Genealogy 101: Marriage Records

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Ah, marriage. It can be a beautiful thing, but it also can be very complicated and takes a lot of hard work. Thankfully, tracking down and understanding marriage records doesn’t have to be as challenging as the real thing. 

If you’re looking for information about your ancestors, such as their parents’ names, birthdates, birthplaces, etc., marriage records are a great place to start. For many of my relatives, I requested their marriage certificates even before I applied for birth certificates. In my experience, marriage records have been easier to find, and have given me the information I needed to find the more elusive birth and death records. 

Marriage License vs. Marriage Certificate

Many localities require individuals to file for a marriage license before they are able to legally wed. A marriage license is a document issued by the government that basically gives a couple legal permission to get married. In the U.S., some states have stricter requirements for getting married, like blood tests, while others are more lax. Depending on where a couple is getting married, there is generally a time limit linked to the validity of the license, and the couple needs to wed between that time. 

A marriage certificate is the government document that “proves” you are legally married. After a marriage license has been signed by the officiant and sent back in to the government, the government recognizes the marriage (as long as everything was done legally).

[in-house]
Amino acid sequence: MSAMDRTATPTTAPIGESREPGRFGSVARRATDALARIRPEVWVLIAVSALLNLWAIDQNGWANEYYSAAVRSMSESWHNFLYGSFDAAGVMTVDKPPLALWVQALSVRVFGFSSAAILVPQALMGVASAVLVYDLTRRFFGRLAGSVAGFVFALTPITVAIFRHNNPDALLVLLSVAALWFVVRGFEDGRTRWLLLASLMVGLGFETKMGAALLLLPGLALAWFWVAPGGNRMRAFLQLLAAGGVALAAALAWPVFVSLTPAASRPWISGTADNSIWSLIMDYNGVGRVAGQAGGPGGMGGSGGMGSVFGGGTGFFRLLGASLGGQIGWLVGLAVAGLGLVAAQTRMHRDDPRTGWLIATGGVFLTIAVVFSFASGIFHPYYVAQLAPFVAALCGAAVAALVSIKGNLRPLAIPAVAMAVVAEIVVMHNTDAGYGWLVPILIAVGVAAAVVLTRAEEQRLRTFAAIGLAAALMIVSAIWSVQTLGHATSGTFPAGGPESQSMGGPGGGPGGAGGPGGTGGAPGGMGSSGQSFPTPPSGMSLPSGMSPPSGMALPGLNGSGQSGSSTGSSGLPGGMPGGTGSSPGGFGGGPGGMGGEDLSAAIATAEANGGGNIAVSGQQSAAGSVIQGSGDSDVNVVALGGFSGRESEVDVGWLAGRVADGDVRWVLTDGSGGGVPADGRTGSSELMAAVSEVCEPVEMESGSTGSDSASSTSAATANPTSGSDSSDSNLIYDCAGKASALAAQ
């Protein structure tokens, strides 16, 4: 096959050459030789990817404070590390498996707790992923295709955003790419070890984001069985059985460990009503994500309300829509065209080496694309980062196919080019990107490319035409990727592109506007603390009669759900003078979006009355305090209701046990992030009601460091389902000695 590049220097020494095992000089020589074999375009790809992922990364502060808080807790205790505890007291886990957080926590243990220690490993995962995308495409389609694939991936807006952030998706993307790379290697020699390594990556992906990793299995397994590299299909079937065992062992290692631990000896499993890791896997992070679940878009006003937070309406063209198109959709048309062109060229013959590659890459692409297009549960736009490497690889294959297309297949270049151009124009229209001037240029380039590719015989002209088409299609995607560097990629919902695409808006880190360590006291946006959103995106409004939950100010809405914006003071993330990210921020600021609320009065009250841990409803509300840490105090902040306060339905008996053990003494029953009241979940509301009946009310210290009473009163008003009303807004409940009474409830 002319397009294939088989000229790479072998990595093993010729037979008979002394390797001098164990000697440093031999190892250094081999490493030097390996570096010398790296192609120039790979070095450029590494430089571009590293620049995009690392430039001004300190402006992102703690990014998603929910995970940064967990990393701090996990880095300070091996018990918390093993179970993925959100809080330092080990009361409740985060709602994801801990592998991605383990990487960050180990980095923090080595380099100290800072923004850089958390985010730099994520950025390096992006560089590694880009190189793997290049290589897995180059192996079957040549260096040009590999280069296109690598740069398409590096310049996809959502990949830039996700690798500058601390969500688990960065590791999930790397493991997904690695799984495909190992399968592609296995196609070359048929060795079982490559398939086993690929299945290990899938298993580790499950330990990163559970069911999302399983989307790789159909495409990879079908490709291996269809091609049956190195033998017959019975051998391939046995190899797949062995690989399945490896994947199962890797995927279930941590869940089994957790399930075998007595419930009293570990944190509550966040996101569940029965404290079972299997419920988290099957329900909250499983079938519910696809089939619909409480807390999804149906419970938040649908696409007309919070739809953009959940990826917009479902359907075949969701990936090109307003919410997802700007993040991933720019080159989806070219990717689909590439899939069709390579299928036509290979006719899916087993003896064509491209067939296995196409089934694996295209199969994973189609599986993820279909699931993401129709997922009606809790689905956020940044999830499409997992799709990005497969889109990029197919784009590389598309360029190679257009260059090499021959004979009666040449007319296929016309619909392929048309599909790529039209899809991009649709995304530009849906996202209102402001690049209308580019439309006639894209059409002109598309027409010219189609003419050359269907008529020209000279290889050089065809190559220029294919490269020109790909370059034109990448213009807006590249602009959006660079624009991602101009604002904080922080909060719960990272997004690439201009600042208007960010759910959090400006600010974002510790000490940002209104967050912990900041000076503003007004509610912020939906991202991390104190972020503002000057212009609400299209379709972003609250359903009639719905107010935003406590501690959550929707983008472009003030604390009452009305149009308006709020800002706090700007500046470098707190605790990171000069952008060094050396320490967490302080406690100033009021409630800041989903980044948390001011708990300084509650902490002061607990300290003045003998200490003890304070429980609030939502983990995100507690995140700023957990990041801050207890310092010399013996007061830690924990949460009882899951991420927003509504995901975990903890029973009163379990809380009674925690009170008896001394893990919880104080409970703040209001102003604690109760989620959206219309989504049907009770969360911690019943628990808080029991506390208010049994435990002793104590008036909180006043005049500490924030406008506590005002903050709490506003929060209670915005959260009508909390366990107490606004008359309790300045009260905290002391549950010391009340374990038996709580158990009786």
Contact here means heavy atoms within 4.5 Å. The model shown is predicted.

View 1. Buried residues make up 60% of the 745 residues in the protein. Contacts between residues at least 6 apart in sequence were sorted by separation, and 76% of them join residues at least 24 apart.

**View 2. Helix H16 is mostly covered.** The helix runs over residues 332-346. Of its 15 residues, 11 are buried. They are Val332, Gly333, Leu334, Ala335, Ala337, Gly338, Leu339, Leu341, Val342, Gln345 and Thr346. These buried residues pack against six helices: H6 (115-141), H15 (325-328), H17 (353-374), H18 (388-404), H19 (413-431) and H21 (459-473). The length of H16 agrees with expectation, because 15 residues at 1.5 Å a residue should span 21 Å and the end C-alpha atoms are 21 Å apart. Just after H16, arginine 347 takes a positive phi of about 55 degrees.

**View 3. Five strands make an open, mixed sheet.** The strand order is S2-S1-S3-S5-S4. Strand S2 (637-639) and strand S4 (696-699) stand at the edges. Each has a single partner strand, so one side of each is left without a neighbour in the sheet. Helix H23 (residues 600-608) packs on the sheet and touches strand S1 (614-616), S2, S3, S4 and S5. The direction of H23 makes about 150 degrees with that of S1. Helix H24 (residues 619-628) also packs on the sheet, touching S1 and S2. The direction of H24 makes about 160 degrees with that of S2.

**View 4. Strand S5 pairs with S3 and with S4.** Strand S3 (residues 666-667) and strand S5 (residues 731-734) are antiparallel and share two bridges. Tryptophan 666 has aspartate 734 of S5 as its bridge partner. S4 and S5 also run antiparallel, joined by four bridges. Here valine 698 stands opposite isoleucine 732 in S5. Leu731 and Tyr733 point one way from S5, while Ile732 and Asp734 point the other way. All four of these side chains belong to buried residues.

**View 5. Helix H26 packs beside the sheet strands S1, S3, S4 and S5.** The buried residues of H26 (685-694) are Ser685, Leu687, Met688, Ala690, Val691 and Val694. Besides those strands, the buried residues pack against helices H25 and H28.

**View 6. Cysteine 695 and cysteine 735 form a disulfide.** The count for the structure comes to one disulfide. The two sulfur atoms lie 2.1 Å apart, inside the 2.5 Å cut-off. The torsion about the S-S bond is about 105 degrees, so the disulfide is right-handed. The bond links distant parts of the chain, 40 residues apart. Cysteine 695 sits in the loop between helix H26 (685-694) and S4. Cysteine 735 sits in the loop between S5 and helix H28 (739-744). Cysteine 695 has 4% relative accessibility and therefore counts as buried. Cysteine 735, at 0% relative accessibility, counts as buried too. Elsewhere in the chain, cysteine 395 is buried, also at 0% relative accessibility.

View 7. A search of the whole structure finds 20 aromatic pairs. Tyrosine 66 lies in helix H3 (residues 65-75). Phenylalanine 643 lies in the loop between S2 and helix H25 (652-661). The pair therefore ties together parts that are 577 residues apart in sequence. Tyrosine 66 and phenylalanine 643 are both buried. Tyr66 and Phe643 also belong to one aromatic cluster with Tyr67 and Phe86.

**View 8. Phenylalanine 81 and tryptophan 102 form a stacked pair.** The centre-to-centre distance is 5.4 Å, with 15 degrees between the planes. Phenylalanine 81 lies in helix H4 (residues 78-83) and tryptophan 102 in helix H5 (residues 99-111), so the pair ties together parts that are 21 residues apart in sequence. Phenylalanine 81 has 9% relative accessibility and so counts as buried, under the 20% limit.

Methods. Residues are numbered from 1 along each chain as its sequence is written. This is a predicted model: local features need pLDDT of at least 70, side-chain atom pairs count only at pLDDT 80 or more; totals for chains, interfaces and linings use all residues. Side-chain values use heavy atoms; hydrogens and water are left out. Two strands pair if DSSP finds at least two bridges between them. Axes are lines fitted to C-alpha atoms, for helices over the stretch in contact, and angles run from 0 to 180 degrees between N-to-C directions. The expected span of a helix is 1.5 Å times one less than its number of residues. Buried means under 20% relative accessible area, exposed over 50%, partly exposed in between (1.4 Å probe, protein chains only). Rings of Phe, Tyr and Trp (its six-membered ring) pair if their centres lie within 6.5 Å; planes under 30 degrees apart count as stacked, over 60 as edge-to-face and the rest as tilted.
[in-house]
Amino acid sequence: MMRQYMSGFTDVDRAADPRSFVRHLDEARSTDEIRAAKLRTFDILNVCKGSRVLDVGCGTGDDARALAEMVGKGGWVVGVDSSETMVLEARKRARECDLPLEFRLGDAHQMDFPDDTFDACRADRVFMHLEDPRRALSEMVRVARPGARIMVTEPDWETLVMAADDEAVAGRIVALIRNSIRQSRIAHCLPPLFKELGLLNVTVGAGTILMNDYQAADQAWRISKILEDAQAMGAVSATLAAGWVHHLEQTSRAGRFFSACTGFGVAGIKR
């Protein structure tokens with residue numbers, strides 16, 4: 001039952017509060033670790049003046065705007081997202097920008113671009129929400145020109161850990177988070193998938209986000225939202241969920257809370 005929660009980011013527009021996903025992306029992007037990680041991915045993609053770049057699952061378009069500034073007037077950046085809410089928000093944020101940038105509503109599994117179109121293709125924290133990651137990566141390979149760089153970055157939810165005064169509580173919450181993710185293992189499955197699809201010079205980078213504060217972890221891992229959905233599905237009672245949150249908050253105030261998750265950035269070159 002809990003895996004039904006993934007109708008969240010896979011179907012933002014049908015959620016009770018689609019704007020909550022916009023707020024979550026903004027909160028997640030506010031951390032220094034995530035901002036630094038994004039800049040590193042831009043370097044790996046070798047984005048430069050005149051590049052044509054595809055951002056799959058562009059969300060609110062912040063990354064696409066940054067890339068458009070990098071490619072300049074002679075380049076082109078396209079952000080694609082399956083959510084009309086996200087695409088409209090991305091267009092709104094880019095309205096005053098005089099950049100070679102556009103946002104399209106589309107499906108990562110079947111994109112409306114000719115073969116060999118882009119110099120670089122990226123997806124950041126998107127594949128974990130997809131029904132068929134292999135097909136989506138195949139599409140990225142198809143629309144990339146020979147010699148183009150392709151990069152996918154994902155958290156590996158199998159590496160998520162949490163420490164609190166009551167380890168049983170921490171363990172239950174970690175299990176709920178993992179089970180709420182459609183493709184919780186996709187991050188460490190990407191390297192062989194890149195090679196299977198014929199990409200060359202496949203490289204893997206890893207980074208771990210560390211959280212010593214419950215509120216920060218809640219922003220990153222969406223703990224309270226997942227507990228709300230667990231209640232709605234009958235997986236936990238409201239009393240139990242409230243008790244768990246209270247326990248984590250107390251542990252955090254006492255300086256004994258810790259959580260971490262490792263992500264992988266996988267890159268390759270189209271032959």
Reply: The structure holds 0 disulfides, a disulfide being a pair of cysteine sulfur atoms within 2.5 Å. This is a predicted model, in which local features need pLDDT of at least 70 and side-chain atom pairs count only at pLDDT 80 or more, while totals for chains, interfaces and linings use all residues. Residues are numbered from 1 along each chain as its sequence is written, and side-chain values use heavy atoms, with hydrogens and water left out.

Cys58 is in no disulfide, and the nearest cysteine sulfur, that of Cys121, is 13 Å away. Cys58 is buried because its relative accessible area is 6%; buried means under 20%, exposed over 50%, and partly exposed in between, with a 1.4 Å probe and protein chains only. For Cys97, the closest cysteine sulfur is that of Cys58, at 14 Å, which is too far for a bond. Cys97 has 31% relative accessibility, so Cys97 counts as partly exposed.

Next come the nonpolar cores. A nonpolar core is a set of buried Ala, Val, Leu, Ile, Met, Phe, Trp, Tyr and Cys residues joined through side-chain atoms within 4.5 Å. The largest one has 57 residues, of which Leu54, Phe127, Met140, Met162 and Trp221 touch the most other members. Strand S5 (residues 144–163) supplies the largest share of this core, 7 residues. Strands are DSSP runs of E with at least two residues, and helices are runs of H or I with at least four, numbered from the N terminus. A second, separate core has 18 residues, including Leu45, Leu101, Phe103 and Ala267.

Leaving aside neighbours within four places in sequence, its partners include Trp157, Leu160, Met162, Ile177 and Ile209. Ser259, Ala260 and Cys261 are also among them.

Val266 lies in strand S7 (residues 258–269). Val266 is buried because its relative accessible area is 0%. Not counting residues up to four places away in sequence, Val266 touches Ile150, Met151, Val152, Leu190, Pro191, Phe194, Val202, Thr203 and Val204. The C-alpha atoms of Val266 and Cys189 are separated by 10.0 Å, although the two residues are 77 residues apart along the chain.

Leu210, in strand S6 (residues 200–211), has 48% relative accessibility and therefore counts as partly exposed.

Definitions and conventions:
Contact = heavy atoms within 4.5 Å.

Some states currently combine the marriage license and certificate, simply including a place for signatures and dates at the bottom of the license once the marriage has been completed.

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Older Marriage Records

Marriage licenses started becoming the norm in the second half of the 19th century. Before that, it can be tricky to find a marriage record if you don’t already have a document passed down through the family. Your best bet might be finding marriage banns or documentation in the marriage register of the local church. Marriage banns are public announcements of an impending marriage, while marriage registers document marriages that took place in the church. These records aren't available in every location and/or church, but they're worth looking into!

What Information is Available

In my experience, when I have requested marriage records for genealogical purposes, I have been sent back both the license and certificate. Of course, it is possible that a couple filed a license to be married and then never actually got married. Things happen. 

The marriage certificate itself usually just contains information about the wedding ceremony. In other words, it will tell you when and where the ceremony took place and the names of those who got married (bride/groom), who married them (officiant), and who can vouch for it (witnesses).